Human trafficking is one of the major problems in India. Till date no concrete study has been conducted so far to know the exact number of trafficked kids in India. The New York Times has reported on the widespread problem of human trafficking in India especially in the state of Jharkhand. Also in the report it is stated that young girls are trafficked from neighboring Nepal to India. In another article published in The Times of India – Karnataka is the third state in India for human trafficking. Other South Indian states are also the most sought after destinations for human trafficking. Every year more than 300 such cases are reported in each of the four south Indian states. Whereas West Bengal and Bihar, on an average have 100 such cases each year. As per the data, more than half of the human trafficking cases are from these states. According to the latest report on human trafficking by the United Nations Office on Drugs and Crime reveals that Tamil Nadu has 528 such cases of human trafficking in 2012. The number is really high and more than any other state except for West Bengal (549). As per the data from Home Ministry, 1379 cases of human trafficking were reported from Karnataka in the period of four years, in Tamil Nadu the number is 2,244 whereas Andhra Pradesh has 2,157 cases of human trafficking. Recently 300 bonded labourers in Bangalore have been rescued. According to an article in Firstpost, Delhi is the hub of human trafficking trade in India and half of the world’s slaves live in India. Delhi is the hotspot for illegal trade of young girls for domestic labour, forced marriage and prostitution. Delhi is also the transit point for human trafficking.
Human trafficking outside India, although illegal under Indian law, remains a significant problem. People are frequently illegally trafficked through India for the purposes of commercial sexual exploitation and forced/bonded labour.
Girl trafficking is a social crime,evil and also known as the major problem in the society. In this social crime the girls from any country is took in the name of love or by doing marriage or kidnapping them and taking them away to another country or same country to prostitution to earn money.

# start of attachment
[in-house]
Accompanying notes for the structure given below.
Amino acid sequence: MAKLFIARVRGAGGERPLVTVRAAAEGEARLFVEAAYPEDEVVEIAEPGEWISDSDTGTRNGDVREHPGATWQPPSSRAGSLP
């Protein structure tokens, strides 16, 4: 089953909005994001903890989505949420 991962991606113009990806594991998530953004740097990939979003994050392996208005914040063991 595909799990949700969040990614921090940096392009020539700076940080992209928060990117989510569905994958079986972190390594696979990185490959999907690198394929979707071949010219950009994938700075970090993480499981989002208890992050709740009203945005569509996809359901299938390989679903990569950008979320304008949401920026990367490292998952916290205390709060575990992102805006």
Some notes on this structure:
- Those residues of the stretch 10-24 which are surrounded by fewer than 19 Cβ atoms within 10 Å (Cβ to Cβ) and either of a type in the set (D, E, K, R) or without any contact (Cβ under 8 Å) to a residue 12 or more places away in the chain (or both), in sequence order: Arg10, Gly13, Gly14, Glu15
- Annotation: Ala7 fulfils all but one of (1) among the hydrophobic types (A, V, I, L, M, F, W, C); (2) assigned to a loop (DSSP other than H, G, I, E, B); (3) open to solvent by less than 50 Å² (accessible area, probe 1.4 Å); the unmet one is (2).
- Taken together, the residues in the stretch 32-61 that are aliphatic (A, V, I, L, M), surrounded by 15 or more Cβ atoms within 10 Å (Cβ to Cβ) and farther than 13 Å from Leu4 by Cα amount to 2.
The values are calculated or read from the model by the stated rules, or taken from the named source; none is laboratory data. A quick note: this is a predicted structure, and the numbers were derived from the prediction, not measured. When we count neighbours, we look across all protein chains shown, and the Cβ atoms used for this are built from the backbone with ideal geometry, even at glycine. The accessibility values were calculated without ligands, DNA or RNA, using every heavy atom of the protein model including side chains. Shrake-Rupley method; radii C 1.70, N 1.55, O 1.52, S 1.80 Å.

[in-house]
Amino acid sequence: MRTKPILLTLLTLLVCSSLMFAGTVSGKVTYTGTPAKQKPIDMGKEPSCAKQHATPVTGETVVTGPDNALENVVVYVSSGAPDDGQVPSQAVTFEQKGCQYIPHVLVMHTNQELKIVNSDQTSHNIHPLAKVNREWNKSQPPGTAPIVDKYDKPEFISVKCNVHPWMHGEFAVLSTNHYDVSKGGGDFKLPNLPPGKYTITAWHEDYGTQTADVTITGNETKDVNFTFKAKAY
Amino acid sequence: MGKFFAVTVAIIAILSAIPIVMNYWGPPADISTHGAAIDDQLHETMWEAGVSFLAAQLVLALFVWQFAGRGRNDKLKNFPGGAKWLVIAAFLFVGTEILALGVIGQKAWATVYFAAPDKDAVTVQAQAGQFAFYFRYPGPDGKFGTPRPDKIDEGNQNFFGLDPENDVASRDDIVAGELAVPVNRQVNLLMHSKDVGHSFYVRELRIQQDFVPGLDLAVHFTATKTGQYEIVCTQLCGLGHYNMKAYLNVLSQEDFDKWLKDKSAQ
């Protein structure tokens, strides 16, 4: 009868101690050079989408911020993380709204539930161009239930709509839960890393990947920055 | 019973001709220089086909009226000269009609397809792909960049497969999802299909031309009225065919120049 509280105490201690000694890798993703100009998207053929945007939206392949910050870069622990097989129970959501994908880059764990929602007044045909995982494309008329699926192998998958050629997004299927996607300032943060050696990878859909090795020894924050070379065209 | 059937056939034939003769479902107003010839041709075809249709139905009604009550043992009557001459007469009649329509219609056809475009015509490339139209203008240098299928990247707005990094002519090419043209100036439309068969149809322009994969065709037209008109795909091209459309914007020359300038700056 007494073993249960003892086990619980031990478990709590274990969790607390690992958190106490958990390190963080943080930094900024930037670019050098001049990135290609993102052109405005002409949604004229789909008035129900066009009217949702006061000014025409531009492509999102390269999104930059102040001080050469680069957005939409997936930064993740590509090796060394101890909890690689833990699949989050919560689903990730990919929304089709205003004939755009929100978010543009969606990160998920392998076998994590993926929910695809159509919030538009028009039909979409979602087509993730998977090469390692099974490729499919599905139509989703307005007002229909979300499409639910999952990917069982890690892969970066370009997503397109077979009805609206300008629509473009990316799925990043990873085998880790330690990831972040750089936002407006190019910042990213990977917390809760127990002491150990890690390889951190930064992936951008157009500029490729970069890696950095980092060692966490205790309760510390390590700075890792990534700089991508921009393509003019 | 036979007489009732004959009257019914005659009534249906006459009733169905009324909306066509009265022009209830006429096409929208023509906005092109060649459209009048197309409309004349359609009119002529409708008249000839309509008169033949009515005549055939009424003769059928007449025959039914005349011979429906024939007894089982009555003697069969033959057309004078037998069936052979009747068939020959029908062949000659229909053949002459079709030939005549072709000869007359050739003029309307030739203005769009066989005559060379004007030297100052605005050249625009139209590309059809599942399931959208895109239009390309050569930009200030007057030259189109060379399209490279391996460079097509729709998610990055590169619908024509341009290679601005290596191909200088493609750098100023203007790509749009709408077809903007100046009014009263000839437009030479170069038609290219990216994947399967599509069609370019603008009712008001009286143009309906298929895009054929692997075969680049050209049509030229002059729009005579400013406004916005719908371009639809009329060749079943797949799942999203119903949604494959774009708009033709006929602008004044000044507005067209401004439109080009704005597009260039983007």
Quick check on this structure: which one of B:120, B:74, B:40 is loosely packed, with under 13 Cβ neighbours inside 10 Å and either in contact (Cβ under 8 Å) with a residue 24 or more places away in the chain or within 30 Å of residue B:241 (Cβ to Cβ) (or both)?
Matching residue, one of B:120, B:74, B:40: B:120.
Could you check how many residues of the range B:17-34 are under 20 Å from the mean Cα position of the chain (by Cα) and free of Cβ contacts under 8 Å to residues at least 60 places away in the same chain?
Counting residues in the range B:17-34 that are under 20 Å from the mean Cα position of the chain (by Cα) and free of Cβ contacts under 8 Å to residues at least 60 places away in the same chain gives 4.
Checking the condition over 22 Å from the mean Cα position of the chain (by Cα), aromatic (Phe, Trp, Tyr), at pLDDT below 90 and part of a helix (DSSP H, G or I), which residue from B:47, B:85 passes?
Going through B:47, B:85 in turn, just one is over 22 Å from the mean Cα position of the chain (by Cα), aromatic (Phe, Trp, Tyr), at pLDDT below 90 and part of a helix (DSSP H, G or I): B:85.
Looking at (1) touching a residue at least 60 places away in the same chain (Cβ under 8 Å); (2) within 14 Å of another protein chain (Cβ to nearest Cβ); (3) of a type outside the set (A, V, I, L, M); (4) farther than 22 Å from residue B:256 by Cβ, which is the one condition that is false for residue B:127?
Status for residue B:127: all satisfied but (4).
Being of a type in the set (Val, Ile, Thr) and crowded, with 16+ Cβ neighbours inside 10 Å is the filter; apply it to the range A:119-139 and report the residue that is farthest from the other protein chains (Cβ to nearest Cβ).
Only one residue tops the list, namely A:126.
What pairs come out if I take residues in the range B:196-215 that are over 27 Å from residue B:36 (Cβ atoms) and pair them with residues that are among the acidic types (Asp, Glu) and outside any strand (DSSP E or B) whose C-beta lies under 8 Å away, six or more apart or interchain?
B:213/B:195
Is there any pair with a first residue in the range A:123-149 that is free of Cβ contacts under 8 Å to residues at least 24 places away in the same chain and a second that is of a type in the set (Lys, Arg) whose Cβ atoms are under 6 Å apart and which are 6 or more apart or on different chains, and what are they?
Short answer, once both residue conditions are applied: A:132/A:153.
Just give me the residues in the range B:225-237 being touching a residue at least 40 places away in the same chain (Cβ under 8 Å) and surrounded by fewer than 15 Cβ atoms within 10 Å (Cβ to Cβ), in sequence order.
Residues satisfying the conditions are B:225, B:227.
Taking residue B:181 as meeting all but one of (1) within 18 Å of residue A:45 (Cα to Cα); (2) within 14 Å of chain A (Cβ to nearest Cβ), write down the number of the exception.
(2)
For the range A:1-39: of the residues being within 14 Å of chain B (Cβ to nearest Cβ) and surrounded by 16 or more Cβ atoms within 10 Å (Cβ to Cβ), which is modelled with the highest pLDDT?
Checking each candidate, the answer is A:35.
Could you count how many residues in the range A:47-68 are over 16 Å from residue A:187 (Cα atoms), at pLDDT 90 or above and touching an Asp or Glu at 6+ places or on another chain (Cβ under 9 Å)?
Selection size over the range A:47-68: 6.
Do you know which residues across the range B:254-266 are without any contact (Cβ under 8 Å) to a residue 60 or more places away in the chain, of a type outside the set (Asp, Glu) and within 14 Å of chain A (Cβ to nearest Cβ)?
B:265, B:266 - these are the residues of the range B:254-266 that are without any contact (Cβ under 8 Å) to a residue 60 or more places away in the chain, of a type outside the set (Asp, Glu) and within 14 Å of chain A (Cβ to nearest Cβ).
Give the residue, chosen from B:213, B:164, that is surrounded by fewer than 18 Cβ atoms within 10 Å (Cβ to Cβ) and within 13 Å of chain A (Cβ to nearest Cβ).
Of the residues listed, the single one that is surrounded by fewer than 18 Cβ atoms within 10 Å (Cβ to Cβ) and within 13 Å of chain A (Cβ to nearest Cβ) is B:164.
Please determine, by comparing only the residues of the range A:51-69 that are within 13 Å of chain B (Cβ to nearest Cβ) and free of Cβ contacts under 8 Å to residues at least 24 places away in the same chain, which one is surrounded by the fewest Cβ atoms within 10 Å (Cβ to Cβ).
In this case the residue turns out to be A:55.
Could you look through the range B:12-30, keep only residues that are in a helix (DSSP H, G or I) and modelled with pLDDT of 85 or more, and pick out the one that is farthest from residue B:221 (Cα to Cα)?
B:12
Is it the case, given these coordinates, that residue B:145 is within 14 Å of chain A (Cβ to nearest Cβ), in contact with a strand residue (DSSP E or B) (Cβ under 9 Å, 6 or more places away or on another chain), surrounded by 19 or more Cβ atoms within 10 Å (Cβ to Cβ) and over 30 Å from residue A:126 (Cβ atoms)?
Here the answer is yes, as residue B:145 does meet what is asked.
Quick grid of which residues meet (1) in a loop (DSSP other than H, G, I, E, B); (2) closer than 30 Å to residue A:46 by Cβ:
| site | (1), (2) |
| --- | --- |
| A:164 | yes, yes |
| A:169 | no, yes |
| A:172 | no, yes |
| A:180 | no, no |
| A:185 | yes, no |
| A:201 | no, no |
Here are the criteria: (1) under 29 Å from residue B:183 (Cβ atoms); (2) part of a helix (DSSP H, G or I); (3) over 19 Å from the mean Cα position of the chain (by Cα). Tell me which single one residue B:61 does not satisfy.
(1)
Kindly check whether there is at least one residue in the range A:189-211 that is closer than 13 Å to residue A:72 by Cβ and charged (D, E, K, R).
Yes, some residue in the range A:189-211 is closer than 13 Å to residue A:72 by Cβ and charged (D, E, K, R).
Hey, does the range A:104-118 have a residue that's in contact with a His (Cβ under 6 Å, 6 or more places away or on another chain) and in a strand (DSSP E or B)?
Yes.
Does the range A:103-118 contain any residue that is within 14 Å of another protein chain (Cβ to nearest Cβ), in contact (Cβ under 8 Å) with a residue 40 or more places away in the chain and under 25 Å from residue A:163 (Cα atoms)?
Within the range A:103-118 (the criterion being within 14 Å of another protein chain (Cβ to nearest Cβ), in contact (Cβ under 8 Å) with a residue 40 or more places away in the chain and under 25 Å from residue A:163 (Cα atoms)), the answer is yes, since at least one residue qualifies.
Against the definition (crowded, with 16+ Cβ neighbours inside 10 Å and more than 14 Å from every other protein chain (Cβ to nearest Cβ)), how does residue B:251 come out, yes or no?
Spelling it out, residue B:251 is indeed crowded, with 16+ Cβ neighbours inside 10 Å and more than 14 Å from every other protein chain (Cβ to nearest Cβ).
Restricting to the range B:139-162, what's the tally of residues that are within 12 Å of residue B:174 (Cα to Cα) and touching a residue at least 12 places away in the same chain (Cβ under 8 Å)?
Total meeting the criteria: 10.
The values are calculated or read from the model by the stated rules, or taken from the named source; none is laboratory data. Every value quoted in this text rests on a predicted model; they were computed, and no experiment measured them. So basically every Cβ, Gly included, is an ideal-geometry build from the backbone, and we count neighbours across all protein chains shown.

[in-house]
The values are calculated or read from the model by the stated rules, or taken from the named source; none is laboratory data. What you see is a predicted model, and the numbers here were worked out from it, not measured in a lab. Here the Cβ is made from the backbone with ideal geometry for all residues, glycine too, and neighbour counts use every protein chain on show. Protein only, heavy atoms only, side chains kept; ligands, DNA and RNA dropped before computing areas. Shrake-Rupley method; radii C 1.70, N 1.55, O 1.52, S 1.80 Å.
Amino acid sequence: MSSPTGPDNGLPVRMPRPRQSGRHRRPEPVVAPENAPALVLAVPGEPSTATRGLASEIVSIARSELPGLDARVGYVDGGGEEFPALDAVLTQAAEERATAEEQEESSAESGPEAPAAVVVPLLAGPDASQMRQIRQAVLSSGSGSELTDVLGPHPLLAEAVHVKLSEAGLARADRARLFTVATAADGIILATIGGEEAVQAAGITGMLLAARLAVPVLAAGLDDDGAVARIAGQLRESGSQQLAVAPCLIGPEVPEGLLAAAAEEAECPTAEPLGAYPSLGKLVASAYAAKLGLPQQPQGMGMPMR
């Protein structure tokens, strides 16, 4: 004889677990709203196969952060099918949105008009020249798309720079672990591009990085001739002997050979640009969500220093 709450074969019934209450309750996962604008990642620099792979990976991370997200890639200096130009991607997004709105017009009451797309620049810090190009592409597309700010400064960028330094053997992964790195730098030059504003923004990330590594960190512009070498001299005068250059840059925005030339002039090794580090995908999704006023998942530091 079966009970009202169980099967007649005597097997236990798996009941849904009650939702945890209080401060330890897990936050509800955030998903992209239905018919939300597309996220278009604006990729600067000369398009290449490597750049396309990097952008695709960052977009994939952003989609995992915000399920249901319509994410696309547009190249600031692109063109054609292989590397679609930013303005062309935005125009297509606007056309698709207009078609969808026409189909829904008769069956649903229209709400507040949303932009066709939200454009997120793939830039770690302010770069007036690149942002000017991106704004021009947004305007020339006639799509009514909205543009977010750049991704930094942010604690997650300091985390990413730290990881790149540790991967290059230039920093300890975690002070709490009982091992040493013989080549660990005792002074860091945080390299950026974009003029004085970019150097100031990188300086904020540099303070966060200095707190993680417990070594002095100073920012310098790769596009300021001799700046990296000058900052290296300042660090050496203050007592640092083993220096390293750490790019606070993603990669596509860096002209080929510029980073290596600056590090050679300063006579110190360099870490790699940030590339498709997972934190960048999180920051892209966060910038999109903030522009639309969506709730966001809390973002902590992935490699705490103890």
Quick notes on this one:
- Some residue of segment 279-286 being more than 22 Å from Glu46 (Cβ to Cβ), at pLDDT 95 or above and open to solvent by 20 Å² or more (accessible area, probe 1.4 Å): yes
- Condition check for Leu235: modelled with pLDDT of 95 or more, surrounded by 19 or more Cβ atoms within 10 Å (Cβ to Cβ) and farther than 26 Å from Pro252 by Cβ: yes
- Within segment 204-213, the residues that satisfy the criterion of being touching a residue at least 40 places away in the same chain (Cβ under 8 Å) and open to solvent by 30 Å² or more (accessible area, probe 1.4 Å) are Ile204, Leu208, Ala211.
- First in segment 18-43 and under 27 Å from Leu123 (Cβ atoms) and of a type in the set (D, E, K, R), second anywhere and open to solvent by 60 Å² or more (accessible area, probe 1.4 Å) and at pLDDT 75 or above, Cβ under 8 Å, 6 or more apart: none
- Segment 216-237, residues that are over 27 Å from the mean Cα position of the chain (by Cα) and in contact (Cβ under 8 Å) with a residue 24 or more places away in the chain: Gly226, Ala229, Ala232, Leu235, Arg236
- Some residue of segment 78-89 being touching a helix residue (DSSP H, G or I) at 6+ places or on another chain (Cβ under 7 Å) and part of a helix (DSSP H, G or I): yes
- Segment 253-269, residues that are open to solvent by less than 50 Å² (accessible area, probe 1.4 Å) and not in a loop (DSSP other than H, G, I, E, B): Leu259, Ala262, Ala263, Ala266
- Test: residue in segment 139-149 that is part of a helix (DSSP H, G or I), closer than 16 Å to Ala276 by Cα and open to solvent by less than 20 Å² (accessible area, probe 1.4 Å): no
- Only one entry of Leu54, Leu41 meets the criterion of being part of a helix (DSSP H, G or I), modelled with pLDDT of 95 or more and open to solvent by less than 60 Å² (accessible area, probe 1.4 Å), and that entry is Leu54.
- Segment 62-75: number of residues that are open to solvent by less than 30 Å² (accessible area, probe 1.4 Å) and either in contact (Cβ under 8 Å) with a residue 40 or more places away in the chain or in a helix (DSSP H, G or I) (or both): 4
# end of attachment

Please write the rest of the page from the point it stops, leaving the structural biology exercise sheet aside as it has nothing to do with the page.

Trafficking of children is a form of human trafficking and is defined as the "recruitment, transportation, transfer, harboring, and/or receipt" of a child for the purpose of exploitation.
Poverty is one of the main causes of child trafficking. Poor families sometimes have no choice but to abandon their children, leaving them in the hands oftraffickers. Poverty also causes a large increase in the number of street childrenand orphans.
Sex trafficking is a form of modern slavery that exists throughout the United States and globally. Sex traffickers use violence, threats, lies, debt bondage, and other forms of coercion to force women, men and children to engage in commercial sex against their will.
THE VICTIMS. Victims of human trafficking are frequently lured by false promises of a lucrative job, stability, education, or a loving relationship. Victims can be men or women, adults or children, foreign nationals or U.S. citizens.
China, Russia, and Uzbekistan have been named among the worst offenders when it comes to human trafficking, according to a State Department report released Wednesday, joining Iran, North Korea, Cuba, Sudan, and Zimbabwe on the bottom "tier" of the U.S. human trafficking rank.
I was very young when my older sister got married. Since my sister and I are orphans, this meant that I had to move all the way from my home in Nepal to Nasik in Maharashtra, India. During my time in Nasik, I helped my sister and took care of my nieces and nephews. However, my brother-in-law was not very happy with my presence in his house. This led to heated fights between him and my sister. Upon realizing I was the cause of conflict in the house, I made the decision to leave. I asked around, hoping that I would find a job and be able to move.